It's easy for Pam Hopkins to tell that her art students have made progress in class.
Comparing a middle schooler's self-portrait from the beginning of the year to one completed at the end of the class, Ms. Hopkins shows how the harsh, jagged lines of the first effort have softened into smooth, realistic contours of the face by the second.
The subjective assessment comes easily for Ms. Hopkins, who sees the students in class every day, but the Loftis Middle School art teacher worries about state education officials starting to measure teachers' effectiveness based on student progress.
"They'll be looking for a measure of growth, but right now, no one knows how they're going to judge the arts," she said. "I think I can adapt, but I want to make sure it's a fair assessment."
After a special session of the Tennessee General Assembly in January, lawmakers decided that 50 percent of the decision to grant tenure to Tennessee's public school teachers will be based on students' test score data.
The new method of evaluation is a natural fit for math, language arts and science teachers, whose students take state standardized tests every year anyway. But for those who teach subjects such as art, physical education and music, the connection isn't so clear.
Katie Huffine is in her first year teaching music at Spring Creek Elementary, so she has not yet received tenure. She said local music teachers have been in contact via e-mail about ways they might suggest to the state that they be evaluated.
One suggestion is to evaluate performances by schools' music groups, but she noted that elementary school groups have fewer performances than middle and high schools, so she worries what that might mean for her.
"We don't perform at every (parent-teacher association) meeting, so would that count against me?" she asked. "It's unnerving."
Tennessee Sen. Andy Berke, D-Chattanooga, who co-authored the education bill, said that, during the special legislative session, lawmakers discussed options such as using independent judges for art teachers or considering Advanced Placement scores.
"We had detailed conversations about the possibilities," he said. "The reason we decided to form this committee and put experienced teachers, principals and administrators on it is because we needed the most appropriate menu possible for the wide variety of teachers."
Gov. Phil Bredesen called the special session in January because he said certain changes to K-12 education were necessary for Tennessee to compete for federal Race to the Top funds. If Tennessee wins between $400 million and $500 million from Race to the Top, a portion of the money could go toward creating new assessments for teachers whose subjects are not already covered by state tests.
Hamilton County Education Association President Sharon Vandagriff said she wondered if the money might be better spent.
"I have to ask: Is that the way to spend money meant to bring new opportunities?"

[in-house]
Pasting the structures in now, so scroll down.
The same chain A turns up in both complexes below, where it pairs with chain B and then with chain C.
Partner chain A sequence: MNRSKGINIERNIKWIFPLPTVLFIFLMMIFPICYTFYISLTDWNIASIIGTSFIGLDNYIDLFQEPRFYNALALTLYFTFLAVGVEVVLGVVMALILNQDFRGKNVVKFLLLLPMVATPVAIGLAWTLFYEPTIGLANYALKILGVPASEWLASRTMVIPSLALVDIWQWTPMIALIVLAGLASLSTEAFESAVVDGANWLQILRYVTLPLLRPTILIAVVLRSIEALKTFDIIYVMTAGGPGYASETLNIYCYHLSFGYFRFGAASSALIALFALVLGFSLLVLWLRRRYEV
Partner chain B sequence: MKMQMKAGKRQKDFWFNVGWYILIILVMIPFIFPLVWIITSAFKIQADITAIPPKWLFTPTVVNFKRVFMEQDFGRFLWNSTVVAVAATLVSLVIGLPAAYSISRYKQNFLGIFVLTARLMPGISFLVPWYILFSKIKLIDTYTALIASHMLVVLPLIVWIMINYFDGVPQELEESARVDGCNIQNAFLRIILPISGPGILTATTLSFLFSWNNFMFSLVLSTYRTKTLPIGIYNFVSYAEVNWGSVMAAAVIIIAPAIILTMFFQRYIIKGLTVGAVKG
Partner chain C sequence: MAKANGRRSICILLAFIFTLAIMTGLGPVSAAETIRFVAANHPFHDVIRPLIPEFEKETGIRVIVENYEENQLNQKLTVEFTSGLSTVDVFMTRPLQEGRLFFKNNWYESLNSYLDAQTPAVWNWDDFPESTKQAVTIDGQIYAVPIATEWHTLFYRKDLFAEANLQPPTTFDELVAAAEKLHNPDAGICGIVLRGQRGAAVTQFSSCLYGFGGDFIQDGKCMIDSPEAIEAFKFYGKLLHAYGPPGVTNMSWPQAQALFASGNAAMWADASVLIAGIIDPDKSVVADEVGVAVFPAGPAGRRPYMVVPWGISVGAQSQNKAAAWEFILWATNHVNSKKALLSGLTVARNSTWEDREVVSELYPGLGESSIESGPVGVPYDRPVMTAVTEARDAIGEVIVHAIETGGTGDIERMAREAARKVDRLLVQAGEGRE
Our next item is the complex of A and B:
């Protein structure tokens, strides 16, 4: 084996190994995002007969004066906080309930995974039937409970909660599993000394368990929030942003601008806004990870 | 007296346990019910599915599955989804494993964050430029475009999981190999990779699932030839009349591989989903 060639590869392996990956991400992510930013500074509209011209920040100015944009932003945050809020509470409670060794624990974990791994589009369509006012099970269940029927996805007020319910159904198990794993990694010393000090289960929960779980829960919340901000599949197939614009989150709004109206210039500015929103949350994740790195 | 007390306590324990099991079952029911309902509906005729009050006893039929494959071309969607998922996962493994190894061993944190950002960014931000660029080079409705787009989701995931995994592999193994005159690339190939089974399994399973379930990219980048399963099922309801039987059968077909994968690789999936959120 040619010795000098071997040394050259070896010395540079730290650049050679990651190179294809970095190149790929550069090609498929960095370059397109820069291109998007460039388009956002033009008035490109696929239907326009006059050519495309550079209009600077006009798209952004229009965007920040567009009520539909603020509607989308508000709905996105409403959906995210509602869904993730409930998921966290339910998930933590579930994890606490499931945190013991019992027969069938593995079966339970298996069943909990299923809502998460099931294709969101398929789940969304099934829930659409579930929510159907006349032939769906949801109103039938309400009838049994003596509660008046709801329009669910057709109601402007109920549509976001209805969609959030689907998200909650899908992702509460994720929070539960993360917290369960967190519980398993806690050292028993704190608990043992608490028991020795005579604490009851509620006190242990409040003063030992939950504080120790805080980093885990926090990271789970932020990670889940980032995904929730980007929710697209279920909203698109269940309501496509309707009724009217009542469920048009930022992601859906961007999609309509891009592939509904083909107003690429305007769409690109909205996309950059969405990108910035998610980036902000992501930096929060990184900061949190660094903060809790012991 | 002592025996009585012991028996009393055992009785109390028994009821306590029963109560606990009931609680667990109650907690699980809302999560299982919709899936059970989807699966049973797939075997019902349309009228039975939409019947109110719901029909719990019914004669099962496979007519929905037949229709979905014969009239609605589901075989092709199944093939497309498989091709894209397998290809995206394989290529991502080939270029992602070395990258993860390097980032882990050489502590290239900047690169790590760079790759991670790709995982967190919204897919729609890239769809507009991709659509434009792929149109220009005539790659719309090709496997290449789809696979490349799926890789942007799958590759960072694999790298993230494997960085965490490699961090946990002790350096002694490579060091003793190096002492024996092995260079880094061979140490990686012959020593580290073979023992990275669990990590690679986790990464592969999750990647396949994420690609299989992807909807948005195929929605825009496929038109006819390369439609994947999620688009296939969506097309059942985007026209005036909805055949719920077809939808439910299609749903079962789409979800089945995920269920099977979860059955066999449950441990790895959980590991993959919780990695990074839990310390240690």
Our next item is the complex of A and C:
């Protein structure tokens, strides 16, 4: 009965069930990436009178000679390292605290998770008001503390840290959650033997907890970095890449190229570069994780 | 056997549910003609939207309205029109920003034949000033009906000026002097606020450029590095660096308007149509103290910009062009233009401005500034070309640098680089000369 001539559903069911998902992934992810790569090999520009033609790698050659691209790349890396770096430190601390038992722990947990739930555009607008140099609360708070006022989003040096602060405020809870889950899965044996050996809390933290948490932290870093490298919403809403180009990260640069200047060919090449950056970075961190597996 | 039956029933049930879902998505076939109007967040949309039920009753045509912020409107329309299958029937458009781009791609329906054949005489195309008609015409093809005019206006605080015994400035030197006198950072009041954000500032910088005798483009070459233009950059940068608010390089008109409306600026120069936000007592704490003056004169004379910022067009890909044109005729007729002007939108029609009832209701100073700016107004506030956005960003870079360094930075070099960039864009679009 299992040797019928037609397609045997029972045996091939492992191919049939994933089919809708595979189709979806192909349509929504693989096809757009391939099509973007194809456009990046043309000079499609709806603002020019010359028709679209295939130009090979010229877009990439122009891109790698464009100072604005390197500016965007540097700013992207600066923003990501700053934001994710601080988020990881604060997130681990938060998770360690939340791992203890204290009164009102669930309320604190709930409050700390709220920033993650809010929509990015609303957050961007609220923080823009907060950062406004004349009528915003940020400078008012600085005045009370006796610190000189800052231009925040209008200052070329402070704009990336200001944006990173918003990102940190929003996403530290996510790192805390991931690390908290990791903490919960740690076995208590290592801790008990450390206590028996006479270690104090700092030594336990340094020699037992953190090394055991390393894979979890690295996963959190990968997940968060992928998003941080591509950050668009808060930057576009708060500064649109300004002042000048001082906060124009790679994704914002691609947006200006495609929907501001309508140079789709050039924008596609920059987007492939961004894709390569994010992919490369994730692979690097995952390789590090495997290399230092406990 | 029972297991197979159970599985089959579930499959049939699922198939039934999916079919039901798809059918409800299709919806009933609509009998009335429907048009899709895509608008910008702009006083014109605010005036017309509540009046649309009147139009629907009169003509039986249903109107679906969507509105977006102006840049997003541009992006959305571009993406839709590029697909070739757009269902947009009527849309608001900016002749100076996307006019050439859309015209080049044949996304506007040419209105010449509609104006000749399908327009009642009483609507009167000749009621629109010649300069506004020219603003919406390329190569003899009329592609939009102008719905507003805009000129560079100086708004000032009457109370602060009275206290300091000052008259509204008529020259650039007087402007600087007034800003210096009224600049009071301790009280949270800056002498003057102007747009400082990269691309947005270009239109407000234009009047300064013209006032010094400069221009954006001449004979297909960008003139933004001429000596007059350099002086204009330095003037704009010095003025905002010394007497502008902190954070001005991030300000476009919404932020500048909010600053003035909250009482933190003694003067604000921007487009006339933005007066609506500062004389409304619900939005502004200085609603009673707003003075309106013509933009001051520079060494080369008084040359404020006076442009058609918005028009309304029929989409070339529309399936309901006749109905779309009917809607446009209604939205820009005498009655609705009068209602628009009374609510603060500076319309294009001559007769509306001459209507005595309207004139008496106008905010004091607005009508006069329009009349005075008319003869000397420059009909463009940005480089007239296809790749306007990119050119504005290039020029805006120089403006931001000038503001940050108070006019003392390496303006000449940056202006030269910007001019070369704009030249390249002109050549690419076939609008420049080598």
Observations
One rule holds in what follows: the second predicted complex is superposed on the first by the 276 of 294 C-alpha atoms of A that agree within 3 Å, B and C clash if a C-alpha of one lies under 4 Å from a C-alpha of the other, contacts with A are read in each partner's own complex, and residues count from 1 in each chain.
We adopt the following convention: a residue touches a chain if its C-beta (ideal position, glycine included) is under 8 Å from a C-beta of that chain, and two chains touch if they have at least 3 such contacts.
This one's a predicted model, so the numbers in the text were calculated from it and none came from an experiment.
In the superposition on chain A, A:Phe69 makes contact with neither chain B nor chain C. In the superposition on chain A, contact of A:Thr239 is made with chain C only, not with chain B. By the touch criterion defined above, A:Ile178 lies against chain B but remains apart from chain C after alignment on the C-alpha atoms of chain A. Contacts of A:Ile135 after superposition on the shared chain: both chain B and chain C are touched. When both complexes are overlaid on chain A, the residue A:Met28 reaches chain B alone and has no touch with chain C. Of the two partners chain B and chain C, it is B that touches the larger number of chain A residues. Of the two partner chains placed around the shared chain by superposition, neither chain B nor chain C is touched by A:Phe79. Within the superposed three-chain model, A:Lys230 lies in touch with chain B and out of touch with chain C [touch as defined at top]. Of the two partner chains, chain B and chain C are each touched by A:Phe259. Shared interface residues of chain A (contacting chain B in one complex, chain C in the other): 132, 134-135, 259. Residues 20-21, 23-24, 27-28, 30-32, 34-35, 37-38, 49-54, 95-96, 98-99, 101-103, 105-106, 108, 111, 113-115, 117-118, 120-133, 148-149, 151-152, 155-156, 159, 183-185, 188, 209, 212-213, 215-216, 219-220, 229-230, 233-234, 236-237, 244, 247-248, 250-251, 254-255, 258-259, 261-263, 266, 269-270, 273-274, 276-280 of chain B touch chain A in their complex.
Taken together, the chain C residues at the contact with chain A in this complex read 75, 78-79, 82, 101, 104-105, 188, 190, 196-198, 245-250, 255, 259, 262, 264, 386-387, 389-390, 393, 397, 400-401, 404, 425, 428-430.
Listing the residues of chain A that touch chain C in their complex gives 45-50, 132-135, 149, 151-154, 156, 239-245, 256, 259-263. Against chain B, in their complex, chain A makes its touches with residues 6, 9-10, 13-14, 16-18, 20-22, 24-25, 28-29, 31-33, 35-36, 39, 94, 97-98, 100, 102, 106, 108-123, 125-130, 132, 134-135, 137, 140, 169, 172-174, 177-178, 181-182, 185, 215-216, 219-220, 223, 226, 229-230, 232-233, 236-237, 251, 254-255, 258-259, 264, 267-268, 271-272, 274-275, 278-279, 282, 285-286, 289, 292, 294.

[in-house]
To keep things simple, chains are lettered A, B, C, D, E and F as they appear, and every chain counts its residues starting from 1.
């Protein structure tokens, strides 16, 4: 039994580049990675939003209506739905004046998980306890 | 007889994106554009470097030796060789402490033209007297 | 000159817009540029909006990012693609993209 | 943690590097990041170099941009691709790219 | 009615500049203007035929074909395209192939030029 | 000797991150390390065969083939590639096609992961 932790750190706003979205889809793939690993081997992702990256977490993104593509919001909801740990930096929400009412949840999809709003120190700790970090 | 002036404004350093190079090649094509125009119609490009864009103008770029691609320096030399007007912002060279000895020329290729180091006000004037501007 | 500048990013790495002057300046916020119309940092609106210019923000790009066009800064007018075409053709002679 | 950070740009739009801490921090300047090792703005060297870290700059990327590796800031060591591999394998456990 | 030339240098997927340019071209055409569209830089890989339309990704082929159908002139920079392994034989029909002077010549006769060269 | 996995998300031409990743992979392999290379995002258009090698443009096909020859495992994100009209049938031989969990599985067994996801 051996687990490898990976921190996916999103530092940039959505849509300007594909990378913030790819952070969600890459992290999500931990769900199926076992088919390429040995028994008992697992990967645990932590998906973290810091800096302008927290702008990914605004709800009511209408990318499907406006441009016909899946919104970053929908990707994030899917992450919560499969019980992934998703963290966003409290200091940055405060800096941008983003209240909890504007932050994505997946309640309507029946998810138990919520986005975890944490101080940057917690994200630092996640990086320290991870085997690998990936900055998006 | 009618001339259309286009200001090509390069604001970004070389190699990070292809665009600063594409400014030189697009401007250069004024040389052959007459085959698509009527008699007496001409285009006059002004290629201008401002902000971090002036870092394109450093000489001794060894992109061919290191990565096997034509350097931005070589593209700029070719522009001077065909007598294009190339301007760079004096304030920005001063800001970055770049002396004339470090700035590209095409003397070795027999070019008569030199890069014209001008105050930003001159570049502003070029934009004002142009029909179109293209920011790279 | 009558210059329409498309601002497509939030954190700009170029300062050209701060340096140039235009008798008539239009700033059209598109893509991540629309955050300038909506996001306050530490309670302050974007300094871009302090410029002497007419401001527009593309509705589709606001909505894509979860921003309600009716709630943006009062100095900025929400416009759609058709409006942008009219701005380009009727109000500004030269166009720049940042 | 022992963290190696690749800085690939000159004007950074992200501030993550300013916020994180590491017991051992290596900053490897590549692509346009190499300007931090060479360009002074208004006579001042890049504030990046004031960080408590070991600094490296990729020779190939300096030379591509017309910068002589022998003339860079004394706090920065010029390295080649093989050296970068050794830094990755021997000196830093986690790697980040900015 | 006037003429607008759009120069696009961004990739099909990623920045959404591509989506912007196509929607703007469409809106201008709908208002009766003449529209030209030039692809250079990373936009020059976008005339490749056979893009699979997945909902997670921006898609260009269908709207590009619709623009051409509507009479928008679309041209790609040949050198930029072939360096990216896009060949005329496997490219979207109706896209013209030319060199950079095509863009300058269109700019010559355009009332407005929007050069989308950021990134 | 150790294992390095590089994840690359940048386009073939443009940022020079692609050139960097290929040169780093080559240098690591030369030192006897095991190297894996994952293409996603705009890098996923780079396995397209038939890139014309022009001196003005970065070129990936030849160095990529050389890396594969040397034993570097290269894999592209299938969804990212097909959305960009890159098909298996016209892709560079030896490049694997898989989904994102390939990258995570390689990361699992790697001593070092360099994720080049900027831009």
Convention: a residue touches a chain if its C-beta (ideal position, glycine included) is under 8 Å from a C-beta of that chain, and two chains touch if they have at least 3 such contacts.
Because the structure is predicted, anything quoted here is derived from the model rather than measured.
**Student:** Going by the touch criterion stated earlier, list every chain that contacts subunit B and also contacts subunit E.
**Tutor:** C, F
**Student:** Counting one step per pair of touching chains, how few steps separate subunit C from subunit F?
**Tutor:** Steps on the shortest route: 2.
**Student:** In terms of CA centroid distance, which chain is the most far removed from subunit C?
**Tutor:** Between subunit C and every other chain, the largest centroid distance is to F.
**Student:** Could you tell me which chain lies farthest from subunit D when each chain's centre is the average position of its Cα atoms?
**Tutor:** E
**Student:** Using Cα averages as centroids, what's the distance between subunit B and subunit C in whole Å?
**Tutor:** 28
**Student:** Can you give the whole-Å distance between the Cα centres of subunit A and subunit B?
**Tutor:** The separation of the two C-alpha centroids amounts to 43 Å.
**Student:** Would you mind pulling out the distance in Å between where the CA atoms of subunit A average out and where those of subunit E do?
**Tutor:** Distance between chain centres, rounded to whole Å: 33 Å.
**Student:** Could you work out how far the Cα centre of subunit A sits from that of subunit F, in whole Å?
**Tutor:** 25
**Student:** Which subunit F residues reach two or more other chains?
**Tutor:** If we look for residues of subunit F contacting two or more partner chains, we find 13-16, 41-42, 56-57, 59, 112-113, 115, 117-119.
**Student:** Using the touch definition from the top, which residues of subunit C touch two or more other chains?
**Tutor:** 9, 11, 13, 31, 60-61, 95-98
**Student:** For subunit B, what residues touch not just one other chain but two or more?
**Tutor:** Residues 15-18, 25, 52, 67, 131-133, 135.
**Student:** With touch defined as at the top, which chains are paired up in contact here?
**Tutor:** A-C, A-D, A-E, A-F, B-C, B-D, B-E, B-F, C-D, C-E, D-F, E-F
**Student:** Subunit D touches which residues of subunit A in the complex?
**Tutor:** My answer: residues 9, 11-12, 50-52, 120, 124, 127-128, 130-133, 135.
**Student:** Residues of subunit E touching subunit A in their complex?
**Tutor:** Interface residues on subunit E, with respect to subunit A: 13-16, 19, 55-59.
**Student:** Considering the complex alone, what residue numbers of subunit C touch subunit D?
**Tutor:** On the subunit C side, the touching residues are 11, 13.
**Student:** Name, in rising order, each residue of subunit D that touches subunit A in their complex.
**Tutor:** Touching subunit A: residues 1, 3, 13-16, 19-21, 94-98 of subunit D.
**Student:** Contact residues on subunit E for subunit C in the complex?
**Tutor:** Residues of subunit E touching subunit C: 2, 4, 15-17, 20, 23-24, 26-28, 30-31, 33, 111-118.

Nolan Elementary School Principal Ken Barker wondered how the state would use test scores to evaluate kindergarten teachers. Kindergarten students don't take standardized tests, and the tests officials plan to use for tenure decisions are based on what students learn in the course of a school year.
"You have to establish a baseline, but what will that baseline be for kindergarten kids?" he asked.
Most of these details will get ironed out in a 15-member committee made up of educators and lawmakers, said Rachel Woods, spokeswoman for the Tennessee Department of Education.
The committee should be named in the next four to six weeks, Ms. Woods said, and state education Commissioner Tim Webb said he'd like to see work begin by early March.
Ms. Woods said committee members likely will look at how other states measure their teachers, and also what tests already exist that Tennessee can use for evaluations.
ABOUT THE CHANGES
Senate bill 7005/House bill 7010 revises K-12 education law in Tennessee, including:
* Makes annual evaluations for teachers mandatory
* Removes restrictions on using test score data to evaluate teachers for tenure
* Creates new ways to classify state's high-priority list for schools
* Creates a 15-member teacher evaluation advisory committee
Source: Tennessee General Assembly
For some groups, the committee could decide to create a new test, Ms. Woods said. For others -- say, third-grade teachers -- the committee could decide to use average scores from first-, second- and third-grade students.
A group of elementary and middle school music teachers plans to meet today to discuss suggestions it can give state officials on how to evaluate their performance.
Michael Perryman, a music teacher at Harrison Elementary School who plans to attend the meeting, suggested having teachers videotape their students at the beginning of the class and at the end, much like he is having to do to earn National Board Certification.
"It would be a snapshot, but then again, some people consider a test like TCAP to be a one-day snapshot as well," he said. "I'm really mystified how they're going to approach it."
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